Even though it is claimed that lithium-ion batteries can be 95% recyclable, the reality is, it is more easily said than done. Lithium-ion batteries undergo irreversible changes during their lifespan. Meaning that they can’t be recycled anymore but they need to be completely taken apart, the lithium extracted, and then re-manufactured. This isn’t a simple process. Battery manufacturers incorporate several chemicals into the battery to speed up the manufacturing process or increase durability. These used chemicals different per company and are company secret making it difficult (labor-intensive) and therefore expensive to repurpose. Moreover, this chemical mixture has been known to explode when handled incorrectly. Because of these difficulties, only 5% of the lithium batteries are recycled while the rest ends up in landfills.


Electric cars are more expensive

While an electric car may be more economical in maintenance, when you are on the market for a new electric car, it certainly isn’t. Electric cars look very similar to regular gasoline-powered cars the big difference is the battery. This is also what makes a car expensive. The battery in a car is very large to make sure you can drive a decent mileage but this comes with a hefty price tag. As such a large battery costs anywhere between $6.000 and $20.000 (depending on the model) you can expect to this much for a new electric car compared to a gasoline-fueled one making it another great disadvantage for electric cars.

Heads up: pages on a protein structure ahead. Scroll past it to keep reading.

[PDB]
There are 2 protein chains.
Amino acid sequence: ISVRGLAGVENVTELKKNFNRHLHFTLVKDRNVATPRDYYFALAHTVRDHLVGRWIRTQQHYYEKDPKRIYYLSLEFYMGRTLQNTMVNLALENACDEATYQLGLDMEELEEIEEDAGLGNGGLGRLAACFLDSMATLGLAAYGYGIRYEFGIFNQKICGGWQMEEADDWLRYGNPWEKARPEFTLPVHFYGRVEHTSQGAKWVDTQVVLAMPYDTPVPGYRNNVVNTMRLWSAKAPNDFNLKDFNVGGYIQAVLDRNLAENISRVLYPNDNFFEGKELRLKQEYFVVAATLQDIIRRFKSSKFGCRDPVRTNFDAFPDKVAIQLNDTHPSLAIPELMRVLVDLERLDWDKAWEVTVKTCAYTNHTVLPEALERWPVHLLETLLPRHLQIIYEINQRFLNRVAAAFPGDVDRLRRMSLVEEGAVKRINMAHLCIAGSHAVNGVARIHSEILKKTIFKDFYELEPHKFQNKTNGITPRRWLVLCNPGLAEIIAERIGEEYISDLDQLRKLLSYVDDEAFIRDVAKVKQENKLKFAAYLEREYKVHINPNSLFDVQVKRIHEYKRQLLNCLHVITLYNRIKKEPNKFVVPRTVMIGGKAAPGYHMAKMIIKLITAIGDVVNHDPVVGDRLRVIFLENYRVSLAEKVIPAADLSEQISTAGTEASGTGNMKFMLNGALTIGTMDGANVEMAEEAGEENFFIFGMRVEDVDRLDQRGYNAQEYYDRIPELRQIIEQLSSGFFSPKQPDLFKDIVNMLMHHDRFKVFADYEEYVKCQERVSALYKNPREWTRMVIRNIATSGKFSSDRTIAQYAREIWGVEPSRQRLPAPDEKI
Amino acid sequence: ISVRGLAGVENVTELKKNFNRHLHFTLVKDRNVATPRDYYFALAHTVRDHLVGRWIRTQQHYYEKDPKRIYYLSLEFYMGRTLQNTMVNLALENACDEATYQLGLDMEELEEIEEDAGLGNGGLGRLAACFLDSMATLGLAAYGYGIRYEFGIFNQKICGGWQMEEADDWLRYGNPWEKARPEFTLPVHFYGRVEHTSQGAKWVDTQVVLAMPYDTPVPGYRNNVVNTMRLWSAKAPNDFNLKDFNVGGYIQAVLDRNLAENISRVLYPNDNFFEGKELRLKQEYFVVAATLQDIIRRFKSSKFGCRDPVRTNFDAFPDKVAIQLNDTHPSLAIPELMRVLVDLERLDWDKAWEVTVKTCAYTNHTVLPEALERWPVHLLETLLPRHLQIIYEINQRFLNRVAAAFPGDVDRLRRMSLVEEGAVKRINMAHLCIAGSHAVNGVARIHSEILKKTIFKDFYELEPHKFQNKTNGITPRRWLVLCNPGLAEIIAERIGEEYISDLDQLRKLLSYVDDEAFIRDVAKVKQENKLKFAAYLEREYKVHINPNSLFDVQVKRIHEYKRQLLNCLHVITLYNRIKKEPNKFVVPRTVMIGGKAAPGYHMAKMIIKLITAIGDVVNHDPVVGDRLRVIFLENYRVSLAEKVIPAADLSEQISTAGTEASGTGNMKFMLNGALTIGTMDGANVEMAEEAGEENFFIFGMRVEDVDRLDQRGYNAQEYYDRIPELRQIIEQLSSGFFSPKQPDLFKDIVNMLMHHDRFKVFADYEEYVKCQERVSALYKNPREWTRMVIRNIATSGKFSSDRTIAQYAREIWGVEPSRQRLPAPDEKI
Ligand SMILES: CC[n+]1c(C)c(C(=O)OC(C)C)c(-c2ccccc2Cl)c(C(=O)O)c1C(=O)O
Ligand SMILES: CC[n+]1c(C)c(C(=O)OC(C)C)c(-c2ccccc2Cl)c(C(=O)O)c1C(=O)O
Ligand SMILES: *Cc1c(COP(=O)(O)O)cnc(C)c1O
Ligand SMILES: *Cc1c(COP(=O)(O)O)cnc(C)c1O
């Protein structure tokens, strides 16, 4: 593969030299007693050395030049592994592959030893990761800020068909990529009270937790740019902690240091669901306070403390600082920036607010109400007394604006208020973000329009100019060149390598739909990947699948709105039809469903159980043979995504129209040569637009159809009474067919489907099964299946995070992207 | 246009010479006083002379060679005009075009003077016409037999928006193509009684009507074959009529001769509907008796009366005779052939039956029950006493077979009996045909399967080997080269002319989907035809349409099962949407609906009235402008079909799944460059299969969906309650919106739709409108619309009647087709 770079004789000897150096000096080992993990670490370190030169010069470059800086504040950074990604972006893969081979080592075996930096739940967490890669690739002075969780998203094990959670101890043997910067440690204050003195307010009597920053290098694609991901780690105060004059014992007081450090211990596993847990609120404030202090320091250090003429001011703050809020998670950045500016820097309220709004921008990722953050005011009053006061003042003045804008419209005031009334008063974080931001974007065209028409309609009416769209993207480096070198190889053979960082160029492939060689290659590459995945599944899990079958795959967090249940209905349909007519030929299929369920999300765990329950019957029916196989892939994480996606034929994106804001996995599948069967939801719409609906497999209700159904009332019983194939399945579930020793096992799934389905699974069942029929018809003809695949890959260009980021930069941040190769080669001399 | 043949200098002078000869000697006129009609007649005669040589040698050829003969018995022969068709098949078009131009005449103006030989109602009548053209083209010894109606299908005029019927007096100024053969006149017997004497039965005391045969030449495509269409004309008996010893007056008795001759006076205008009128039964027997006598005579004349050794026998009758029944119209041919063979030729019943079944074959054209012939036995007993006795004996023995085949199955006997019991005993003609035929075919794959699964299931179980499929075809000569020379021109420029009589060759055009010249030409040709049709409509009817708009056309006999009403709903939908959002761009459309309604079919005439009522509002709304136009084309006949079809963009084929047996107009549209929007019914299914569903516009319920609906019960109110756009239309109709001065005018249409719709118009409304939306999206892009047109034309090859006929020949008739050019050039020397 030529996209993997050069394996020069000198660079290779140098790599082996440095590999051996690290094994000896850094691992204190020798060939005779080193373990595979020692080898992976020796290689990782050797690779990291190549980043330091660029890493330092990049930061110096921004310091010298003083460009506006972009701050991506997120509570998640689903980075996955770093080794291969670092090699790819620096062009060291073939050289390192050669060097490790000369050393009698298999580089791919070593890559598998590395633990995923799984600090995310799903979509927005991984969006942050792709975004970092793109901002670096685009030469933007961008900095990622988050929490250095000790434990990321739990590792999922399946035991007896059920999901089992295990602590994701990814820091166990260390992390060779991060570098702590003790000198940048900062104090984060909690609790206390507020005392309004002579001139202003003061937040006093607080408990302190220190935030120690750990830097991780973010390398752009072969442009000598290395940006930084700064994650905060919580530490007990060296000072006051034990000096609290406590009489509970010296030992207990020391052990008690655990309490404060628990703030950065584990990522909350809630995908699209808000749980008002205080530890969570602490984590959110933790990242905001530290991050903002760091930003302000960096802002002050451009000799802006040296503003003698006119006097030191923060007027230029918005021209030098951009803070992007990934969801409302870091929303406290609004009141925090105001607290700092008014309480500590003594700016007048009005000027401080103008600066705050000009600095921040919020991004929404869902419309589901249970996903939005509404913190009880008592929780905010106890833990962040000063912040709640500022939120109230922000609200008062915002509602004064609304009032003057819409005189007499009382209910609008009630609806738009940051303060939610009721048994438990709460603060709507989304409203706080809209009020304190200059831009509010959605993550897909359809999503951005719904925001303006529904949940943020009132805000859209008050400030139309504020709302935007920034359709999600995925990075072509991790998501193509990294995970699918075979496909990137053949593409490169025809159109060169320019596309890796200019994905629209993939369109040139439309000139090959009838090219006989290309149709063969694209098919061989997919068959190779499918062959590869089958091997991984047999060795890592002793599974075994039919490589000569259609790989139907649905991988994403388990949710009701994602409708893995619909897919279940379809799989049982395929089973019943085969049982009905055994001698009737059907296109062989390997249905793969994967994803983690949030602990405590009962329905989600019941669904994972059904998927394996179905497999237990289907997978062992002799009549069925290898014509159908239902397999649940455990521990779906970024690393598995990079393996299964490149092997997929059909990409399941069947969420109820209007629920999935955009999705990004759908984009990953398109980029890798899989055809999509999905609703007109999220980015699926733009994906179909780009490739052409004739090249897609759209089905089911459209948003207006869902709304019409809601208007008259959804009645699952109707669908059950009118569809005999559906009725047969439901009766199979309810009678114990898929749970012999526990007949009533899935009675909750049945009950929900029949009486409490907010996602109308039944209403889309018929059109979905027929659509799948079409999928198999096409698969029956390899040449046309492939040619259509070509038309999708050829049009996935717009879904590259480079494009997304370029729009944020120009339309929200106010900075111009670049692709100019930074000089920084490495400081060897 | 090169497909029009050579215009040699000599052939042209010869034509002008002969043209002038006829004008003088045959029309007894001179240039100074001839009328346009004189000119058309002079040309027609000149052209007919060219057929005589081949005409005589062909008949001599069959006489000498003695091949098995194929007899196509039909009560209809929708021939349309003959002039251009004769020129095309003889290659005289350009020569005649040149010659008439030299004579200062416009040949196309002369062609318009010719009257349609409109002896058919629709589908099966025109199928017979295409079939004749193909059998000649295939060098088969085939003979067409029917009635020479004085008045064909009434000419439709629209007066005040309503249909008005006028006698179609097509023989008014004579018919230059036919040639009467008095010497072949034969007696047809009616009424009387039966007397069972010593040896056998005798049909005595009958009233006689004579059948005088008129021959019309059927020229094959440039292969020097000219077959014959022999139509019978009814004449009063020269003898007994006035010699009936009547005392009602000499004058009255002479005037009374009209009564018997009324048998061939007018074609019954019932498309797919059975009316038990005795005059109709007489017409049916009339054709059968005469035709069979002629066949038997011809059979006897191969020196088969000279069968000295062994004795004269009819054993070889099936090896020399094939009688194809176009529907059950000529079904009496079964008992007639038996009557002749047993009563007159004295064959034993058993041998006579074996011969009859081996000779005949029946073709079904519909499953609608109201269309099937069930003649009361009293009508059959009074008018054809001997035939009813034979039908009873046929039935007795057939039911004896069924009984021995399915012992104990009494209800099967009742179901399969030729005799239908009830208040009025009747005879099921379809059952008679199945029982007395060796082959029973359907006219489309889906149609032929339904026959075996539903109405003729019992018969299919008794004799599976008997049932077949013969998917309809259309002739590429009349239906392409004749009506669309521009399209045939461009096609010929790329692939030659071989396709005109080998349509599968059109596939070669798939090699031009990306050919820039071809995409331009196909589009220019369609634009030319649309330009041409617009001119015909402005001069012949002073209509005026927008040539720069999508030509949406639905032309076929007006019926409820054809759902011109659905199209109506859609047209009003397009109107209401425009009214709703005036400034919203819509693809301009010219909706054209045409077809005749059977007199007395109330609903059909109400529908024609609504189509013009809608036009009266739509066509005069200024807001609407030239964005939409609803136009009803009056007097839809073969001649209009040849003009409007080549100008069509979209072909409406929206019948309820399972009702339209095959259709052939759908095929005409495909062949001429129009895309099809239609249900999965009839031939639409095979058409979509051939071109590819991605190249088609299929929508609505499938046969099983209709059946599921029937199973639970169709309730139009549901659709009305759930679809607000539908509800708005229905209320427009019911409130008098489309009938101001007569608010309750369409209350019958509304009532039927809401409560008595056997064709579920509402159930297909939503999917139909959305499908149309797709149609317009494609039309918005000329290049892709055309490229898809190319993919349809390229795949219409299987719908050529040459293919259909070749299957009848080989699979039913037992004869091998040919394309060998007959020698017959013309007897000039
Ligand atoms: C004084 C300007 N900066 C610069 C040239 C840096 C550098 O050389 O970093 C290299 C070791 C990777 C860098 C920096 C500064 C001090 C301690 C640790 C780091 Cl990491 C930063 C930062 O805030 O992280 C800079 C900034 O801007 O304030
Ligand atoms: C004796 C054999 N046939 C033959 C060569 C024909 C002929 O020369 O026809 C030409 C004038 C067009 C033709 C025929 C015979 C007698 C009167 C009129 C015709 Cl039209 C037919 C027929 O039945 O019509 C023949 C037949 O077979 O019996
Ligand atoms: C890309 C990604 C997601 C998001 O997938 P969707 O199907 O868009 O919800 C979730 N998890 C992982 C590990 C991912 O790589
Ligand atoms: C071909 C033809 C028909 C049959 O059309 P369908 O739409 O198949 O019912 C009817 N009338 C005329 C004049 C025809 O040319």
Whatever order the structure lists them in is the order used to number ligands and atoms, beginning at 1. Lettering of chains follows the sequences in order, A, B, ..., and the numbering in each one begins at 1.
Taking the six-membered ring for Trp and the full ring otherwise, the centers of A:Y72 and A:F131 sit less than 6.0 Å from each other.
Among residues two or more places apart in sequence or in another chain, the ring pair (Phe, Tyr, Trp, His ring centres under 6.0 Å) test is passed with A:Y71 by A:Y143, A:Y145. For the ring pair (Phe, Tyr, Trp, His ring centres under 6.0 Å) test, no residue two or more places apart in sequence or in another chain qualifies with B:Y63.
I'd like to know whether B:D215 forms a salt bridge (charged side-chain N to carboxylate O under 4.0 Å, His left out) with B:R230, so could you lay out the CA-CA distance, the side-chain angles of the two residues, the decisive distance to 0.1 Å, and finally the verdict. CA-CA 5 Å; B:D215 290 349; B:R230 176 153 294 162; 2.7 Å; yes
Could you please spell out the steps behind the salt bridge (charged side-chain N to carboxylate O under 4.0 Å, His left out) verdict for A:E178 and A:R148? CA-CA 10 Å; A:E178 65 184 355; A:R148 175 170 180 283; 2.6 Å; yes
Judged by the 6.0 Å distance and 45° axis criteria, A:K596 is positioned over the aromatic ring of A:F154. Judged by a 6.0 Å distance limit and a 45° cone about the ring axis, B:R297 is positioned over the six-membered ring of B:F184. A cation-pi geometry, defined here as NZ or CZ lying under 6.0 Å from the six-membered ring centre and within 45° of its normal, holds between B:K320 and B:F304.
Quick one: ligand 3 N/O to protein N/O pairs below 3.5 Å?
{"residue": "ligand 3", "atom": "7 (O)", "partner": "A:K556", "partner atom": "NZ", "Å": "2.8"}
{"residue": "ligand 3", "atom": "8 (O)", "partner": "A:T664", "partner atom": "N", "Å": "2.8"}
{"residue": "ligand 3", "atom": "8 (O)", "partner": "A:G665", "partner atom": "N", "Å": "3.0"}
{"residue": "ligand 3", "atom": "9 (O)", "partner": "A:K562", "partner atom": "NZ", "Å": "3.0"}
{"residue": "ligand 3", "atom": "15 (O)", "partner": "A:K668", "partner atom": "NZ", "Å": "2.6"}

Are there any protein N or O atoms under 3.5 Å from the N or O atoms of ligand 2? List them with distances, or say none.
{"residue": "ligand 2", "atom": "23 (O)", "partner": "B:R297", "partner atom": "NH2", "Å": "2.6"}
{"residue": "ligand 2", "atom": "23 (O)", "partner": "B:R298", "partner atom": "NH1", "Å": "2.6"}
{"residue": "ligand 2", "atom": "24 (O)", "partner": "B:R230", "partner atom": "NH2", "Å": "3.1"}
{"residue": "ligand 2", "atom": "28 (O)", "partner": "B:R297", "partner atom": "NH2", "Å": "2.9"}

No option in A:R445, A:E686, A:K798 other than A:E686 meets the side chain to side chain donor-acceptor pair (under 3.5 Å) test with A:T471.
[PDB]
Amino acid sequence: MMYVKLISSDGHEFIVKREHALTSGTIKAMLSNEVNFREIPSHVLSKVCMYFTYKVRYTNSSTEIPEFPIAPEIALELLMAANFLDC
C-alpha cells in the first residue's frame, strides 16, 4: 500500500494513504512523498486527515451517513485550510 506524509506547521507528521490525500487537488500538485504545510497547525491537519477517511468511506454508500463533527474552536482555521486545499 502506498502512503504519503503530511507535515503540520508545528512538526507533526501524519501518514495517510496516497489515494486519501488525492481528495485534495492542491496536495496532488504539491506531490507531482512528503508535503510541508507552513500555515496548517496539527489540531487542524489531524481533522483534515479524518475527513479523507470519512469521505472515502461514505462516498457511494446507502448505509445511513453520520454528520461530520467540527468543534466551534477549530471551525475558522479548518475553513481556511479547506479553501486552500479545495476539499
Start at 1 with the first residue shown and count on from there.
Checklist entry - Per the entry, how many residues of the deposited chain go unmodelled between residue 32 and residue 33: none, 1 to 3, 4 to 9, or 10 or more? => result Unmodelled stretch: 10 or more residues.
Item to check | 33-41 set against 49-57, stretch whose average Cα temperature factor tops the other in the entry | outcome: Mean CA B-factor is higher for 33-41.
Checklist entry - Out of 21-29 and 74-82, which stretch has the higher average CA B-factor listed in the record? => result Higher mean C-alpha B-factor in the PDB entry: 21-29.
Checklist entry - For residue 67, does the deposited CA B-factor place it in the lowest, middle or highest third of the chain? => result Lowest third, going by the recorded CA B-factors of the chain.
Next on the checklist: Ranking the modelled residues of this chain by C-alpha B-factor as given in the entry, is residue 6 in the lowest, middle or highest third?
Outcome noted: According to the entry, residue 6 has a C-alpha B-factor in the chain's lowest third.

Even though electric cars may be cheaper to drive, they are more expensive to purchase and insurance is higher as well. This is again due to the large battery that is very costly to replace.

Price of electricity

It is no secret that the price of gasoline has increased significantly over the past year (especially in Europe). This makes the use of an electric car even more attractive but don’t forget that electricity is not free. Also, the price of electricity is increasing and an electric car requires a lot of it. So, when using an electric car you can expect to see an increase in your electric bill.


Loss of value

According to Forbes, an electric car will lose about $5,700 of its value over the first 5 years of ownership. This is considerably higher compared to the value loss of a gasoline-powered car.

Expensive battery

The battery of an electric car is what drives the car. The entire vehicle is designed around this massive battery. It is the most expensive part of the entire car. Most electric cars come with a warranty that is usually 8 years or about 100k miles. This may sound like a great deal but you have to keep in mind that the average car is on the road for about 12 years. This may indicate that you need to replace the battery of your electric car at some point in its lifecycle. As your car loses value over time, the costs of replacing the battery may be even higher than what the vehicle is worth. As mentioned before, the battery for an electric car can set you back somewhere between $6.000 and $20.000 (depending on the model) so you have to carefully make the decision whether or not replacing the battery is worth it to you.